Study: Genetically Engineered Corn Could Harm Aquatic Ecosystems
A study by an Indiana University (IU) environmental science
professor and several colleagues suggests a widely planted variety of
genetically engineered corn has the potential to harm aquatic
ecosystems. The study was published online on Oct. 8 by the journal Proceedings of the National Academies of Sciences.
Researchers, including Todd V. Royer, an assistant professor in the
IU School of Public and Environmental Affairs, found that pollen and
other plant parts containing toxins from genetically engineered Bt corn
are washing into streams near cornfields. They conducted laboratory
trials that found consumption of Bt corn byproducts produced increased
mortality and reduced growth in caddisflies, aquatic insects that are
related to the pests targeted by the toxin in Bt corn.
Caddisflies, Royer said, "are a food resource for higher organisms
like fish and amphibians. And, if our goal is to have healthy,
functioning ecosystems, we need to protect all the parts. Water
resources are something we depend on greatly."
Bt corn is engineered to include a gene from the micro-organism Bacillus thuringiensis,
which produces a toxin that protects the crop from pests, in particular
the European corn borer. It was licensed for use in 1996 and quickly
gained popularity. In 2006, around 35 percent of corn acreage planted
in the United States was genetically modified, according to the
researchers who cited U.S. Department of Agriculture data.
Before licensing Bt corn, EPA conducted trials to test its impact on water biota. But it used Daphnia, a crustacean commonly used for toxicity tests, and not insects that are more closely related to the target pests, Royer said.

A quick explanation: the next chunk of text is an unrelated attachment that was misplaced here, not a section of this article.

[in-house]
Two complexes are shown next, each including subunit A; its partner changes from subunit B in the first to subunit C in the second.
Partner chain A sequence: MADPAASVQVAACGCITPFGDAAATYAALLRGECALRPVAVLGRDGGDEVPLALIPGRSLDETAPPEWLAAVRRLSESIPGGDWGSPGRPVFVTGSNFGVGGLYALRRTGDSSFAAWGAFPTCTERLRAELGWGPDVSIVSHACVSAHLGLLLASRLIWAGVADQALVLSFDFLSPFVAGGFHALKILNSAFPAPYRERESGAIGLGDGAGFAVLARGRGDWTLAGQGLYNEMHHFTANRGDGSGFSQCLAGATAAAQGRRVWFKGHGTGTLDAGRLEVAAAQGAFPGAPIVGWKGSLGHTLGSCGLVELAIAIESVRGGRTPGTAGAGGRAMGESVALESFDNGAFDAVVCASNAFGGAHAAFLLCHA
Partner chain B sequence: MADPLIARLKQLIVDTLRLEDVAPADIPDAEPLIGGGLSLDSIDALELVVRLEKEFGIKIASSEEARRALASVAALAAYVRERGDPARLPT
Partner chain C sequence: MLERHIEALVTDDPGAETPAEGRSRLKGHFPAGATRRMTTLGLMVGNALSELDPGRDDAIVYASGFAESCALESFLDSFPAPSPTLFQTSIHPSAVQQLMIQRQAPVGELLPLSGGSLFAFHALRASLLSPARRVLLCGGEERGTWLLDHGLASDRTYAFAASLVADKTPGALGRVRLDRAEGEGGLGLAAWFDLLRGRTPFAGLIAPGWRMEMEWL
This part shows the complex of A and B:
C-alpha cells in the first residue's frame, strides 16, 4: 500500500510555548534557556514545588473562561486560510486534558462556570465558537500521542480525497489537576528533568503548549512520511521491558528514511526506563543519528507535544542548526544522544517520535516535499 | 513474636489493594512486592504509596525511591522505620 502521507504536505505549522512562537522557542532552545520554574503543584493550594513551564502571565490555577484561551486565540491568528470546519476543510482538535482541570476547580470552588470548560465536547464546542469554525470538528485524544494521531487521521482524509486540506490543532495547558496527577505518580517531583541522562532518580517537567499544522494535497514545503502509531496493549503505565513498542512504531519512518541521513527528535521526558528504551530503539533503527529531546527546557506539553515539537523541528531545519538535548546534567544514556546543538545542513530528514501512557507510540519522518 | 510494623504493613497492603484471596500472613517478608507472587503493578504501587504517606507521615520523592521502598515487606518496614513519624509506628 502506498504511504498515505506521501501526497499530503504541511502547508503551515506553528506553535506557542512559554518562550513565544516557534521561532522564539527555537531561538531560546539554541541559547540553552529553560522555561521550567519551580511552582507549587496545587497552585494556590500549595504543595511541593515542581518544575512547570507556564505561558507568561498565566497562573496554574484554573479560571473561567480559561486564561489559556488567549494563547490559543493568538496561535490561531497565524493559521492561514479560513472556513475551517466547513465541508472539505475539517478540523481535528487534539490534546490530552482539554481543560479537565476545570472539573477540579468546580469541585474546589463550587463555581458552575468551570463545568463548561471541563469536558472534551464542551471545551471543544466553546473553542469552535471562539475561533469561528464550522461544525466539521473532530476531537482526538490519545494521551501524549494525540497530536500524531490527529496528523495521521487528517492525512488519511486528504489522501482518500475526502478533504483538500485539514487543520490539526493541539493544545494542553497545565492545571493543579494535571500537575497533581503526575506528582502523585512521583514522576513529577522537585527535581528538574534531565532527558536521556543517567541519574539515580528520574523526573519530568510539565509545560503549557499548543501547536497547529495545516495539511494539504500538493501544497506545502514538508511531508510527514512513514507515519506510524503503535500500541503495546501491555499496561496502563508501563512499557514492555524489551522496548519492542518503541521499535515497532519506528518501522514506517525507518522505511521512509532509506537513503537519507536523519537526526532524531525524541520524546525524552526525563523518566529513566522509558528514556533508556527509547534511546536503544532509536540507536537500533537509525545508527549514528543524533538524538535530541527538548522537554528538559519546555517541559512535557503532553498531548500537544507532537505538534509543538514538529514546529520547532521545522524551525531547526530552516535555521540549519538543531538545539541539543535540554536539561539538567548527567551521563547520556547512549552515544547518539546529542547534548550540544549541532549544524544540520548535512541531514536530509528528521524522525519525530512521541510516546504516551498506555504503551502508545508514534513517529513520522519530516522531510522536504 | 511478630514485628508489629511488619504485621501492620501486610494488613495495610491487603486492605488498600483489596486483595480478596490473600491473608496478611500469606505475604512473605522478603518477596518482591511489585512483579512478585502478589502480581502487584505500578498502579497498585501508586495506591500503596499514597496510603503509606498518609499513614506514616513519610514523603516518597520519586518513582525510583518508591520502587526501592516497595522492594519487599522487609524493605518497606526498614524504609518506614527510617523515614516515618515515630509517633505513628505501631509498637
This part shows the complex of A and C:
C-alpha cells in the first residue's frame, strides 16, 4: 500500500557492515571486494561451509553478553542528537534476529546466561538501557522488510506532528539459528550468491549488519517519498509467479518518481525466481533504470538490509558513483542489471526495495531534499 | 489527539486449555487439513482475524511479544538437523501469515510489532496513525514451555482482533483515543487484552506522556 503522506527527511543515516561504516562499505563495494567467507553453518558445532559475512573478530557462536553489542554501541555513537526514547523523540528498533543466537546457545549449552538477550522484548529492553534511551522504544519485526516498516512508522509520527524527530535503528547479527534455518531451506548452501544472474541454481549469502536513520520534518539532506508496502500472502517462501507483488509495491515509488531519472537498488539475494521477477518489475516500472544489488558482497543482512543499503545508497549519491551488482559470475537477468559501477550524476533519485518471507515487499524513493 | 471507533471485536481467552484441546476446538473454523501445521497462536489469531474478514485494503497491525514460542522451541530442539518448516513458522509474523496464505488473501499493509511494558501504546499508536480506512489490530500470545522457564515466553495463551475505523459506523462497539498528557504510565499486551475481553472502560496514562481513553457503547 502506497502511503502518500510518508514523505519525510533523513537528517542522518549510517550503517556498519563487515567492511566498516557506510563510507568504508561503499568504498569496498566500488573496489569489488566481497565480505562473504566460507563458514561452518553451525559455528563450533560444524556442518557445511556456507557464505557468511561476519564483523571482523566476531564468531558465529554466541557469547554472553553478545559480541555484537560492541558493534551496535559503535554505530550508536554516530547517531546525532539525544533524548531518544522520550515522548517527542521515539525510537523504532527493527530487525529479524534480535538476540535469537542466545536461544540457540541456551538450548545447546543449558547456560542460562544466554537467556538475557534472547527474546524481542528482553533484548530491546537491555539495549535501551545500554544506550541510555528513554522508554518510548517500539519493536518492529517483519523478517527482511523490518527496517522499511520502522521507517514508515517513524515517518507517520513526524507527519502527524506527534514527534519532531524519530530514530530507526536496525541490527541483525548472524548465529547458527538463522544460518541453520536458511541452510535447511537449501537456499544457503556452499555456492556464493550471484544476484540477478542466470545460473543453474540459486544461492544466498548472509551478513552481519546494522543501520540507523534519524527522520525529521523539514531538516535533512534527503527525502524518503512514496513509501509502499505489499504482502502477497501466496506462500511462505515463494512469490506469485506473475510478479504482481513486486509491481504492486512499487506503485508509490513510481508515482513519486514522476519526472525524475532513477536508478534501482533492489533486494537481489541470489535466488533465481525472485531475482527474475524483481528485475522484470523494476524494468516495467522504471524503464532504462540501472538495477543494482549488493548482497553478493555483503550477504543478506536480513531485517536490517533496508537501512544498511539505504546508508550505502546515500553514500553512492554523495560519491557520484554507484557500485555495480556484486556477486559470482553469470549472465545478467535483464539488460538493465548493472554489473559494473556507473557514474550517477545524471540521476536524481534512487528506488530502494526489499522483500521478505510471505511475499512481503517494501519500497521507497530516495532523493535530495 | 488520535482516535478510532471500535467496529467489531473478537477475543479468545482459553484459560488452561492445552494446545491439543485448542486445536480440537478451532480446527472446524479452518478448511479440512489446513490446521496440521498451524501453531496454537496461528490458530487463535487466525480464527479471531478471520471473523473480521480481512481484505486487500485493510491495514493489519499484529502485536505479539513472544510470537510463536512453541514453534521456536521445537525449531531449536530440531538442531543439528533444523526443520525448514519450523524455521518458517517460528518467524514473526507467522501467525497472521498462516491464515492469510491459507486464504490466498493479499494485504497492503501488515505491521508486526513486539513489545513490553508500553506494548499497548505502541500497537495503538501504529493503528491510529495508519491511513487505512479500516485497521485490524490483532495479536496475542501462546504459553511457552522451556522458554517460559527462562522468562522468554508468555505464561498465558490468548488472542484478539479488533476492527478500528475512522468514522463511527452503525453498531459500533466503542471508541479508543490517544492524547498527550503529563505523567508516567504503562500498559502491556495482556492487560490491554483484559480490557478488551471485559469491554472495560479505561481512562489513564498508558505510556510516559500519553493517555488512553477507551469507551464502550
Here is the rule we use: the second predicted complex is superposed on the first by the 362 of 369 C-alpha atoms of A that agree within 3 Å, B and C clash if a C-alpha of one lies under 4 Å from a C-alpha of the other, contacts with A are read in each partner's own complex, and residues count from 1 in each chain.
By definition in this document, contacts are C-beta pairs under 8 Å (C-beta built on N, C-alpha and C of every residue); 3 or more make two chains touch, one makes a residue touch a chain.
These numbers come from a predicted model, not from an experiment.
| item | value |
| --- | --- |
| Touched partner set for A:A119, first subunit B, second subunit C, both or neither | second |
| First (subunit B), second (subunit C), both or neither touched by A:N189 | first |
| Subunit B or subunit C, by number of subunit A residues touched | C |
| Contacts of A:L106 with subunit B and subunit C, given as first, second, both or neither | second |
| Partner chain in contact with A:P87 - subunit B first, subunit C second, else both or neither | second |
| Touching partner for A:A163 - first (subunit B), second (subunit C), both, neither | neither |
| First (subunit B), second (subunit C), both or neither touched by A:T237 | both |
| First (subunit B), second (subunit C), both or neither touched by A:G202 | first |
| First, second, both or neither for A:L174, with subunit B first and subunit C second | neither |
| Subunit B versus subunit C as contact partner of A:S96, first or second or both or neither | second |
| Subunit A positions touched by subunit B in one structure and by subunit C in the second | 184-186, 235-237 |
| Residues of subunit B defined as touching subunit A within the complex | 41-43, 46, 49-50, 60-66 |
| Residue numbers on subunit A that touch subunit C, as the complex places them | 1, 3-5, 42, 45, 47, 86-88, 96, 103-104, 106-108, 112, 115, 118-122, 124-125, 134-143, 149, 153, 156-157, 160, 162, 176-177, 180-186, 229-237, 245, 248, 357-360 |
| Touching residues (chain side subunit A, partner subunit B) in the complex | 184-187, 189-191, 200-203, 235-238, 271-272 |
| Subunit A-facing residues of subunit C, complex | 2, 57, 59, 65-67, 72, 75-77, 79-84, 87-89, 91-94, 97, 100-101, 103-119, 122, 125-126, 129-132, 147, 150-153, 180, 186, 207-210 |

The researcher emphasized that, if there are unintended consequences
of planting genetically engineered crops, farmers shouldn't be held
responsible. In a competitive agricultural economy, producers have to
use the best technologies they can get.
"Every new technology comes with some benefits and some risks,"
Royer said. "I think probably the risks associated with widespread
planting of Bt corn were not fully assessed."
Royer's research, conducted in 2005 and 2006 in an intensely farmed
region of northern Indiana, measured inputs of Bt corn pollen and corn
byproducts (such as leaves and cobs) in 12 headwater streams, using
litter traps to collect the materials. They also found corn pollen in
the guts of certain caddisflies, showing they were feeding on corn
In laboratory trials, the researchers found caddisflies that were
fed leaves from Bt corn had growth rates that were less than half those
of caddisflies fed non-Bt corn litter. They also found that a different
type of caddisfly had significantly increased mortality rates when
exposed to Bt corn pollen at concentrations between two and three times
the maximum found in the test sites.
Royer said there was considerable variation in the amount of corn
pollen and byproducts found at study locations. And there is likely
significant geographical variation; farmers in Iowa and Illinois, for
example, are planting more Bt corn than those in Indiana. The level of
Bt corn pollen associated with increased mortality in caddisflies, he
said, "could potentially represent conditions in streams of the western
Other principal investigators for the study, titled "Toxins in
transgenic crop byproducts may affect headwater stream ecosystems,"
were Emma Rosi-Marshall of Loyola University Chicago, Jennifer Tank of
the University of Notre Dame and Matt Whiles of Southern Illinois
University. It was funded by the National Science Foundation.